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Poll: Obamacare Support Falls, Most Still Want 'Significant Changes' or Full Repeal

Democrats are still high-fiving over killing Republicans' Obamacare "repeal and replace" efforts, although that coup de grace was ultimately delivered by a handful of Republicans.  They're again revving up their outrage machine in a bid to derail tax reform, deploying an array of misleading and false arguments to frighten Americans -- the vast majority of whom stand to benefit from the plan.  And because their scare tactics involve pretending that eliminating Obamacare's individual mandate "kicks people off of healthcare" and is actually somehow a "tax increase" (more on that soon), it's worth revisiting that empirically failing law.  The Left's hysterical fight against healthcare reform took a public opinion toll, as the (widely misunderstood) GOP proposals were deeply unpopular, consequently boosting the popularity of Obamacare.  Of course, rising or falling public perceptions of the law do nothing to help the relatively small percentage of Americans who are directly impacted by it (Democrats' single-payer nightmare would affect every single person in the country), more of whom have been harmed than helped.  

Now that the political furor over replacing Obamacare has subsided, the country's views have again started to sour on Democrats' crumbling scheme, which has reduced access and exploded costs for individual market consumers. The "Affordable" Care Act at work.  According to Gallup, support for the law has slid five points from its all-time high, with opposition rising several points -- an eight-point negative swing.  John Sexton points out opinions are largely driven by partisanship, with overwhelming majority of Democrats backing (85 percent) Obamacare, with just a tiny fraction (11 percent) of Republicans doing the same.  Independents are split.  But even a plurality of those who approve of the law say they want "significant changes" to be made.  In other words, as usual, a large majority of voters recognize that Obamacare isn't working:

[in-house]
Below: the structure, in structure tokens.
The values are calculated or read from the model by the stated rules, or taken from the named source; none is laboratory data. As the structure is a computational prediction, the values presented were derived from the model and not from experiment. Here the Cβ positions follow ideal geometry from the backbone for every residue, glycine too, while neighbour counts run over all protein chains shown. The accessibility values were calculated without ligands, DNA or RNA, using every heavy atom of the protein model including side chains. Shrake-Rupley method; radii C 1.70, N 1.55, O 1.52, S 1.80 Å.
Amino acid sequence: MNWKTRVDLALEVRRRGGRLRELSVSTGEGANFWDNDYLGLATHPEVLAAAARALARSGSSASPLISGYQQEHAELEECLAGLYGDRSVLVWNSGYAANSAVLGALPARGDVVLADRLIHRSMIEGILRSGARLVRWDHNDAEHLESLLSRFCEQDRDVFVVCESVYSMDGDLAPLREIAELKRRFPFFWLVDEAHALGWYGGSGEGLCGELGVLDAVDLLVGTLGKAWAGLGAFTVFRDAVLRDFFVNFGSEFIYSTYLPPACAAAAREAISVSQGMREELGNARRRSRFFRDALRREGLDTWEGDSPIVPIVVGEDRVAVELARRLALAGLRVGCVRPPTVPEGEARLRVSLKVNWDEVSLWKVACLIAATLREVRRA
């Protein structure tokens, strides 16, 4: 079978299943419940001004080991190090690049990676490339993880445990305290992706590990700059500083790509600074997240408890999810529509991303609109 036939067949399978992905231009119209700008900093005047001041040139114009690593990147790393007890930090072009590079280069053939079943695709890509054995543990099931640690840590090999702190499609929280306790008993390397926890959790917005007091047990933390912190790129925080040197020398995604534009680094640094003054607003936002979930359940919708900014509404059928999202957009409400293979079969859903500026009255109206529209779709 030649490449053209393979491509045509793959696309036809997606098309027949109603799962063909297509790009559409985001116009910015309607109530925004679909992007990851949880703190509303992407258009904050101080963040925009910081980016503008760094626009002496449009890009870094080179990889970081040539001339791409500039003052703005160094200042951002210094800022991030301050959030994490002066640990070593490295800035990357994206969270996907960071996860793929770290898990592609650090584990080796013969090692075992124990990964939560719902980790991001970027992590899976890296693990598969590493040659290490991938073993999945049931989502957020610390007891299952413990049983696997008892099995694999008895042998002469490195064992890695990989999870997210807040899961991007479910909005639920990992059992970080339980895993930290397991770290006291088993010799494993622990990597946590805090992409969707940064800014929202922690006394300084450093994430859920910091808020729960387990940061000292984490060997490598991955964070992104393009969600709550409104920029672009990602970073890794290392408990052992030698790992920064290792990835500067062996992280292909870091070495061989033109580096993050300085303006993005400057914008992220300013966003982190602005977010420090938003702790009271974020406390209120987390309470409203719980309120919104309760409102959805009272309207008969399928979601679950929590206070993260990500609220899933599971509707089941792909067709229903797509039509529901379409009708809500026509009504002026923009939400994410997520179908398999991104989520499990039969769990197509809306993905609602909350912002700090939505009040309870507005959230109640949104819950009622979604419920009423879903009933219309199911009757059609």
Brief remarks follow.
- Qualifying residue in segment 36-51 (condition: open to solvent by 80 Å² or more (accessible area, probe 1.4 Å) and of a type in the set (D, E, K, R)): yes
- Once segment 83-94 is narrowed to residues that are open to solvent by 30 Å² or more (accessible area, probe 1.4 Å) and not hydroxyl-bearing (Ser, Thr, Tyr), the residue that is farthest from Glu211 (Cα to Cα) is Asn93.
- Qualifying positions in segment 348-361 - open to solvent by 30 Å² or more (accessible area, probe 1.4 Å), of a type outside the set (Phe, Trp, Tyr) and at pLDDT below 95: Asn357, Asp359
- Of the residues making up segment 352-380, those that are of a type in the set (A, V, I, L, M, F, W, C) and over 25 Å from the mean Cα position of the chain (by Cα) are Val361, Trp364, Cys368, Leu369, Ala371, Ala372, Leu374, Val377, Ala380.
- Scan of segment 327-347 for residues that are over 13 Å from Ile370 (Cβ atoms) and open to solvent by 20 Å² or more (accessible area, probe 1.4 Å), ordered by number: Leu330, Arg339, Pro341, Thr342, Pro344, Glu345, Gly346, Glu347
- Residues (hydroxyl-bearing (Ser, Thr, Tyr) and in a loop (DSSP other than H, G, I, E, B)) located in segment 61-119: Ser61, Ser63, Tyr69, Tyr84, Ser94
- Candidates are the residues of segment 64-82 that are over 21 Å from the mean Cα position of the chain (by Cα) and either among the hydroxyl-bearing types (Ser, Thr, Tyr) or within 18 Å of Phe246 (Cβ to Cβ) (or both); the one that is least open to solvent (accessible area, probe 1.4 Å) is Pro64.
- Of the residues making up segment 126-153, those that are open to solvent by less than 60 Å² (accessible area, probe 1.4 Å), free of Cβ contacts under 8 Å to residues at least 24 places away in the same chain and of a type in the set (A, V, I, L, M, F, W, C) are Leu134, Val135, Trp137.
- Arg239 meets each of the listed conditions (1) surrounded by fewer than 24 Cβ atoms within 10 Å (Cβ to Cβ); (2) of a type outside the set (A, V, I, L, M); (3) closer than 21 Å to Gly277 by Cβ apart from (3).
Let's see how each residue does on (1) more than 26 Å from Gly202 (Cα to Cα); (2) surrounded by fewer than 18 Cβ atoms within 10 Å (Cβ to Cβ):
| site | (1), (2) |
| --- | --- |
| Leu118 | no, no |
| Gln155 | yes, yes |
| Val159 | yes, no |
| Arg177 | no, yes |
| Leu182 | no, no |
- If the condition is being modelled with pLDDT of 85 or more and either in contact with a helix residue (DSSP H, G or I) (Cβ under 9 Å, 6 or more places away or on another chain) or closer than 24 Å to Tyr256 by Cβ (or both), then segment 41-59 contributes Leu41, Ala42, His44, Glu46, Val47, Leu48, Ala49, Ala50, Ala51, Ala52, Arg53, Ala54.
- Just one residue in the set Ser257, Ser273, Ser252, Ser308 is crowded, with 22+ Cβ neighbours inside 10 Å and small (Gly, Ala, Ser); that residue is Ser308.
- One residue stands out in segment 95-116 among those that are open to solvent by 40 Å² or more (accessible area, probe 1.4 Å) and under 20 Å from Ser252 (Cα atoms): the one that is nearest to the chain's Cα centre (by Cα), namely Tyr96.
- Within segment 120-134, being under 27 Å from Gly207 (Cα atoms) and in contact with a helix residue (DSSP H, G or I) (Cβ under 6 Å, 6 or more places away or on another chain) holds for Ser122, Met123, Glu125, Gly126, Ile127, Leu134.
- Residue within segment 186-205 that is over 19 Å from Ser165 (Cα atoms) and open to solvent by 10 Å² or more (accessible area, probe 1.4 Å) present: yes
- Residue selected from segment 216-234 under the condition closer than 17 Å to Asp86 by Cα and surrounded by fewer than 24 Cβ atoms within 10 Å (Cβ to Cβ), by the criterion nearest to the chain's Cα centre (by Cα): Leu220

Even as early sign-ups in the current enrollment period are up ("though that may be the result of people signing up early because the enrollment period is half as long this year"), the hardcore Obamacare supporter who tracks the numbers is projecting that total enrollment will again decrease, year over year.  Meanwhile, in a potentially-significant policy development, President Trump has reportedly endorsed a bipartisan Obamacare "fix" crafted by Republican Sen. Lamar Alexander and Democratic Sen. Patty Murray.  That proposal, broadly defined, would pay out "stabilization" funds to insurers who are losing money due to the law's inability to attract enough young healthy consumers to make the government-mandated model viable.  The White House originally signaled openness to the idea, then reversed course -- and now this:

As usual, Phil Klein asks the right question:

Both Lisa Murkowski and Susan Collins have expressed a willingness to vote for a tax reform bill that repeals Obamacare's individual mandate tax as long as an Alexander/Murray deal was in place as a backstop.  Trump's stance could mean that Senate Republicans are close to striking a balance that entails passing both tax reform (including eliminating the individual mandate tax) and a compromise that some conservatives have attacked as an Obamacare "bailout."  Would those hesitant conservatives be willing to settle for that bailout if they payoff is ending the mandate and getting tax reform?  I'll leave you with this, on tax reform:

On one hand, this could be an encouraging sign.  On the other, it's still the GOP.

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